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Consider ACO Participation As Medicare Weighs Changes to Shared Savings Program


 

In December 2014, nearly three years since its launch, the Centers for Medicare and Medicaid Services (CMS) issued the first proposed rule changes to the Shared Savings Program. The changes, if approved, would take effect in the 2016 performance year and would focus on a host of alterations impacting participating accountable care organizations (ACOs), including reduced administrative burden, improved function and transparency, and enhanced incentives to participate in risk-based models.

Experts say the changes could address some of the biggest flaws in the program but also may not go far enough to incentivize more healthcare providers to participate—or protect them from the risk of financial loss. The rules are under review following a public comment period.

“Many features about the original rules weaken the incentives to participate in ACOs,” says Michael McWilliams, MD, PhD, associate professor of healthcare policy and medicine at Harvard Medical School and a practicing primary care physician at Brigham and Women’s Hospital in Boston.

The ACO model encourages providers to realize savings under fee-for-service Medicare through better-coordinated care and improvements in metrics related to utilization and quality. Any savings relative to a benchmark year are shared between the ACO and CMS.

This year, 424 ACOs are participating in the program nationwide, and while the number of Pioneer ACOs has fallen in recent years (Pioneer ACOs wager higher savings for participants at the risk of greater financial loss), a new independent report commissioned by CMS shows the program saved more than $300 annually per beneficiary in its first two years, achieving $384 million in savings.1 In a statement, CMS concluded this meets the criteria for expanding the Pioneer program; however, Dr. McWilliams says policy changes may still be needed to encourage participation in ACOs with downside risk.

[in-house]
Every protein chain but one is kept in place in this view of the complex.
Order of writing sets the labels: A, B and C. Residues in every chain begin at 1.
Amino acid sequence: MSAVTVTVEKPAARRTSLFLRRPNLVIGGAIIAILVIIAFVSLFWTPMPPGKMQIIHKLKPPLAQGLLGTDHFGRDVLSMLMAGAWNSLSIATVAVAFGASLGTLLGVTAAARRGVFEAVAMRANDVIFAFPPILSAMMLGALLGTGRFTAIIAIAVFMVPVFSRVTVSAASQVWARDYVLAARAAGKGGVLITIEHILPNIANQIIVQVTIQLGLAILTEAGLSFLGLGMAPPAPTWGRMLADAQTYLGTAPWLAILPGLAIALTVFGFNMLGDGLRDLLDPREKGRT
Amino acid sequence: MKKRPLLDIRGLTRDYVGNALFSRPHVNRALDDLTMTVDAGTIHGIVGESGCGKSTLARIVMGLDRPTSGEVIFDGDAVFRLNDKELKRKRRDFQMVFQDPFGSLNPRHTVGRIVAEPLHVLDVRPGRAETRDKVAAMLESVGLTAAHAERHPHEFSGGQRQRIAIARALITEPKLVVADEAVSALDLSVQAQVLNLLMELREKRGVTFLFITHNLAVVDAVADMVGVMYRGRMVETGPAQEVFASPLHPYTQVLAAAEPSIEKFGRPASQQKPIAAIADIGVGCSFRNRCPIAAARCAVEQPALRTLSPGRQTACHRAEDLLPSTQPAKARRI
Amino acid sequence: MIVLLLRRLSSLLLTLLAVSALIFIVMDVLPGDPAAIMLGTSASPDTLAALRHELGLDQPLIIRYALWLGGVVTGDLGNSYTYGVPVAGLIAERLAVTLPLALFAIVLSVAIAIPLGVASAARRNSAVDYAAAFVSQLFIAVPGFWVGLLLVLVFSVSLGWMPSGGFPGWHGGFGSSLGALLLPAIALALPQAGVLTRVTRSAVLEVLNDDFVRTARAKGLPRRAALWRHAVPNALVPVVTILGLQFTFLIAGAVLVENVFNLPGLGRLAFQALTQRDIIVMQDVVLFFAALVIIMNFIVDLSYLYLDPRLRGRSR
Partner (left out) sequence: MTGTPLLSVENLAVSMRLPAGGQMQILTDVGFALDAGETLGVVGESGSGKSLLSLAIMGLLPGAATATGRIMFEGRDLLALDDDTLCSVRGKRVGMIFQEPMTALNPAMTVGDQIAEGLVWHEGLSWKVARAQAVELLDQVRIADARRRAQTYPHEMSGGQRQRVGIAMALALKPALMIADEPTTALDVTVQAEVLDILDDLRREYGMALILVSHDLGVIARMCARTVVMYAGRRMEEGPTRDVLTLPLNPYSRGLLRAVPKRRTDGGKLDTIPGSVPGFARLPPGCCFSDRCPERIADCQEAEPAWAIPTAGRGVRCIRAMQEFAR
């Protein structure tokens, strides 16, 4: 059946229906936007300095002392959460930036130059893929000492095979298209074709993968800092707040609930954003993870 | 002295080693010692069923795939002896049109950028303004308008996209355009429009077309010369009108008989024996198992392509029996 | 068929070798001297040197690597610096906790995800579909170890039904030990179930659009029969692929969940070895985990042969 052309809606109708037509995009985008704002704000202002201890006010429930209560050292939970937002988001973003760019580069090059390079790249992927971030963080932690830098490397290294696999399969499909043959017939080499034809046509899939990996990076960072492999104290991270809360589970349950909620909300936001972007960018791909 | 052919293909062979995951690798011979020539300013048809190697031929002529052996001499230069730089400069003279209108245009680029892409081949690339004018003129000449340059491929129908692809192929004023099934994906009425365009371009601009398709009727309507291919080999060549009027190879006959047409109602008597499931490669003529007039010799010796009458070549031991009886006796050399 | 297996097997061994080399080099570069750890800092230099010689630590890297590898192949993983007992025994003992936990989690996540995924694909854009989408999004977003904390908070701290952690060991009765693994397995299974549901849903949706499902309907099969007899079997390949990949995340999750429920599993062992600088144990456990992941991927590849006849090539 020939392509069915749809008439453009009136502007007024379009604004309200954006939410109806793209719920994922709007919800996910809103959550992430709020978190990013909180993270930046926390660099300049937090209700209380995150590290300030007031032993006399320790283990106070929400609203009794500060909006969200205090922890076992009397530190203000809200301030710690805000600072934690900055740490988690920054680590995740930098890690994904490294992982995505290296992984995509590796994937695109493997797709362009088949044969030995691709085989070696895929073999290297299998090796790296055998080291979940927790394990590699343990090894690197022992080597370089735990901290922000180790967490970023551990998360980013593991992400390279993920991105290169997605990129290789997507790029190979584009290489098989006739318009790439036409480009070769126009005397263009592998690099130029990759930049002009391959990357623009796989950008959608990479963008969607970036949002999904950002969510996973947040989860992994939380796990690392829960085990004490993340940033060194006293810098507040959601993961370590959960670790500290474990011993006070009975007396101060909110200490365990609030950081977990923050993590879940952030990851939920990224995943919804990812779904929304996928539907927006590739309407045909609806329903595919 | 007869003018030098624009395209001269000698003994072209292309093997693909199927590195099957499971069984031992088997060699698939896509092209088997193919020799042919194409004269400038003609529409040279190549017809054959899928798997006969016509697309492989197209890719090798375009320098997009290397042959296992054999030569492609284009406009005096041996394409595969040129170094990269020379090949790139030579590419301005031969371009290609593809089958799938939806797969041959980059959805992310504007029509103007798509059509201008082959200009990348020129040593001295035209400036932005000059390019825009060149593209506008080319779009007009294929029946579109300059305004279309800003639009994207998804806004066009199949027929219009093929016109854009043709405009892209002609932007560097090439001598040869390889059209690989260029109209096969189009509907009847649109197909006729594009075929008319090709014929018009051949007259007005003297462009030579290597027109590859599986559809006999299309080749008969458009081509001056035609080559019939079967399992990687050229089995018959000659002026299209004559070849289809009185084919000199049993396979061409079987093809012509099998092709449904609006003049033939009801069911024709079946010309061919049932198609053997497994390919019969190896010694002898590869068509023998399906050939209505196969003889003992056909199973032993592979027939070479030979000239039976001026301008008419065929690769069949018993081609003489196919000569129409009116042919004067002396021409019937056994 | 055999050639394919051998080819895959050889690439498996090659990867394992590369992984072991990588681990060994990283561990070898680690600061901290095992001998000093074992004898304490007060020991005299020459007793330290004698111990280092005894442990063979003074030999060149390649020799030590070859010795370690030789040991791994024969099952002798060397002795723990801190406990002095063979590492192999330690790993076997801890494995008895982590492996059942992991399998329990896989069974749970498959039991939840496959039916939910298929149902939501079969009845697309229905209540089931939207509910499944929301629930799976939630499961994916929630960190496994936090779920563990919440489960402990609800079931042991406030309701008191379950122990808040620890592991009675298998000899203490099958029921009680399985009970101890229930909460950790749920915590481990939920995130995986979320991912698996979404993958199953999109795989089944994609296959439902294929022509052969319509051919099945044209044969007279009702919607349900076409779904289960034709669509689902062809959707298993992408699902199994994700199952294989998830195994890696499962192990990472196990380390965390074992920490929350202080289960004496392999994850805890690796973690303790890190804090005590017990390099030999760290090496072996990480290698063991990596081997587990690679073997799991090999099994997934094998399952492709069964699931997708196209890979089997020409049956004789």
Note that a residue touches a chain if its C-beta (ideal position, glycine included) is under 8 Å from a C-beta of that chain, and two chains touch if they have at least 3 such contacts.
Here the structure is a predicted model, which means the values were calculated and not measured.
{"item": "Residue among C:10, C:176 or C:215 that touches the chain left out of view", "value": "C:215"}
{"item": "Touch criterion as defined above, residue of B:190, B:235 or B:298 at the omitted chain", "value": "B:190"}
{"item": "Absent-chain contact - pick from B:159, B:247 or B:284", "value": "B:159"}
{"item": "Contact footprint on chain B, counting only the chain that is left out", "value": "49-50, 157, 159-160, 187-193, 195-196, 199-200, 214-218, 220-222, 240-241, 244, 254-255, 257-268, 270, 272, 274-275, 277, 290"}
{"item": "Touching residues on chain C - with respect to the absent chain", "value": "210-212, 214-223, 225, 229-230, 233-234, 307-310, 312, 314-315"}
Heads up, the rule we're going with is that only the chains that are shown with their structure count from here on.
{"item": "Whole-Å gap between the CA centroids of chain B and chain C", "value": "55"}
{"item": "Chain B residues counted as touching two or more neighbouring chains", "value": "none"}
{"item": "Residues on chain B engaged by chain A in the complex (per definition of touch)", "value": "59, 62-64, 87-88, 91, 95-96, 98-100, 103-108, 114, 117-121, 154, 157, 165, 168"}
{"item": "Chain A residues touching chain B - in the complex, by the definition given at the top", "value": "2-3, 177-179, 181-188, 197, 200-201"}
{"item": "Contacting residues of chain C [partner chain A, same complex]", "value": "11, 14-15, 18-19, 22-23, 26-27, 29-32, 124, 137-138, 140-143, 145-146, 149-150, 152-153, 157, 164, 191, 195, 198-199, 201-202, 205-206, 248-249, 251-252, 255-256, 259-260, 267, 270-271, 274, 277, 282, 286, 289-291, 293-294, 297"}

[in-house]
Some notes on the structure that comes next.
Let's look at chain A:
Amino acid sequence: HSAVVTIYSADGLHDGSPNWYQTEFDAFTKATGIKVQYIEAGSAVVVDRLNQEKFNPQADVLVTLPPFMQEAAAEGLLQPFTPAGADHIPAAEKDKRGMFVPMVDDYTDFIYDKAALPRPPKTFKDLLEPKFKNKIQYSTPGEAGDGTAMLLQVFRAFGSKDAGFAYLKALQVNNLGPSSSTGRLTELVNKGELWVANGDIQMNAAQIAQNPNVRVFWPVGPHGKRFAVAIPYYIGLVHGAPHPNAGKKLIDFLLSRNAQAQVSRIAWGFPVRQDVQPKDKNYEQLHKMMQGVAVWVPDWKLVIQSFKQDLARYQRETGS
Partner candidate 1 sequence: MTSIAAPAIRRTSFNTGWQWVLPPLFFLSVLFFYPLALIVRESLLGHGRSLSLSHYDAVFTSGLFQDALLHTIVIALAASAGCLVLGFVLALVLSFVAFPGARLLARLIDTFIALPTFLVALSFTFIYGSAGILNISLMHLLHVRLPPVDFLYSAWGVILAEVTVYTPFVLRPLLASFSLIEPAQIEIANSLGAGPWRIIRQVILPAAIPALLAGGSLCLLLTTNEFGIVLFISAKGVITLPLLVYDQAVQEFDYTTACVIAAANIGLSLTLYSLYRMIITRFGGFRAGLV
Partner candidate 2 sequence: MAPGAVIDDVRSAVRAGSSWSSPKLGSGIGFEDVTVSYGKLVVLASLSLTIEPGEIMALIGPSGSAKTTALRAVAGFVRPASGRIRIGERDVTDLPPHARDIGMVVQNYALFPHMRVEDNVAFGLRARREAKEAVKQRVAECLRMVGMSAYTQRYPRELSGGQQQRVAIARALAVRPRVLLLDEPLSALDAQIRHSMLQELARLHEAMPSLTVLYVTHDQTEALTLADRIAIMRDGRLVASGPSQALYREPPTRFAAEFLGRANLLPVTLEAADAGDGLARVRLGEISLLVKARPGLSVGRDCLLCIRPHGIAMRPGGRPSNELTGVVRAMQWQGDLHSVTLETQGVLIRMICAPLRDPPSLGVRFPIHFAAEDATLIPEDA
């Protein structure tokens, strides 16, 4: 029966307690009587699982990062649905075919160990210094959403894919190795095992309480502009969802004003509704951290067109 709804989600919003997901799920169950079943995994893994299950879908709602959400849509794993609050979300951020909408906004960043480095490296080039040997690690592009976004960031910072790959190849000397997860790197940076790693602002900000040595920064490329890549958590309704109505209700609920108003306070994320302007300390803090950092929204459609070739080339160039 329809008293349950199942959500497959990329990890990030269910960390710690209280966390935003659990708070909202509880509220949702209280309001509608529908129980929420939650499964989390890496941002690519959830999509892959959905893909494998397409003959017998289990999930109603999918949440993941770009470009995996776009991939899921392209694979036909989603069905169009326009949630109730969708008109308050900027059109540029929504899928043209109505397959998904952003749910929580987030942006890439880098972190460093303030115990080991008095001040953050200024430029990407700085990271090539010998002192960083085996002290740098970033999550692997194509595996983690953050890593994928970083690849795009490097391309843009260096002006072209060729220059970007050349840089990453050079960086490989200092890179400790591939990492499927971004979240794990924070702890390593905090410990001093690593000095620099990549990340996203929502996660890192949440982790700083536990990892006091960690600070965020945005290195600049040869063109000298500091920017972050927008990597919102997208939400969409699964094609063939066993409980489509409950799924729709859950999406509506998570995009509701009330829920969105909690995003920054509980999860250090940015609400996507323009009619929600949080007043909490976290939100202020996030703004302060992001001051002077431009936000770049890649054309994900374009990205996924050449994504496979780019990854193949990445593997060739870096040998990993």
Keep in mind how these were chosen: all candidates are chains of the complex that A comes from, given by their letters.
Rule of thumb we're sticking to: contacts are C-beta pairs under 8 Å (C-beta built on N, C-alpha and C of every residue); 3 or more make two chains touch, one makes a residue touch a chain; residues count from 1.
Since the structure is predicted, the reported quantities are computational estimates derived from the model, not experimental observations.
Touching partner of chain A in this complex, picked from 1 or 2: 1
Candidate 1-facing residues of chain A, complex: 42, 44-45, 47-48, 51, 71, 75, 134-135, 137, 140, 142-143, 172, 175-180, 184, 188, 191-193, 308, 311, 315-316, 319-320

In January, Dr. McWilliams and colleagues published a study in Health Affairs that demonstrated that existing benchmark rules may actually encourage higher Medicare spending as ACOs try to “fatten up” so they have more improvements to make and, therefore, more chance of success at realizing savings.2

Currently, providers’ performance is stacked against their performance and cost benchmarks established in the year prior to forming an ACO. As improvements are made, it becomes increasingly challenging for ACOs to do better. Dr. McWilliams says ACOs should instead be compared to other ACOs and providers.

It’s a “melting ice cube problem,” says Gregory Burke, MPA, director of innovation strategies for New York-based United Health Fund (UHF), a research and philanthropic organization focused on advancing healthcare.

For a hospital system, the bulk of the money comes from inpatient care. We’re saying: ‘You stomp on your own air hose today, and a year from now I’ll give you 50% oxygen—and you have to share with your buddy.’

—Gregory Burke, MPA, director of innovation Strategies, United Health Fund

“You are punishing the good, lean providers that are efficient,” he adds, “and rewarding people who are less efficient, in terms of cost of care and utilization of services.”

Burke and a colleague at UHF, health policy analyst Suzanne Brundage, recently completed qualitative and quantitative reports on ACOs in the state of New York, which currently make up 20% of Medicare fee-for-service beneficiaries.3,4

Through their analysis, which included structured interviews with 17 Pioneer ACO leaders, Burke and Brundage found ACO rules could change in the following ways to make the program sustainable and more attractive to providers: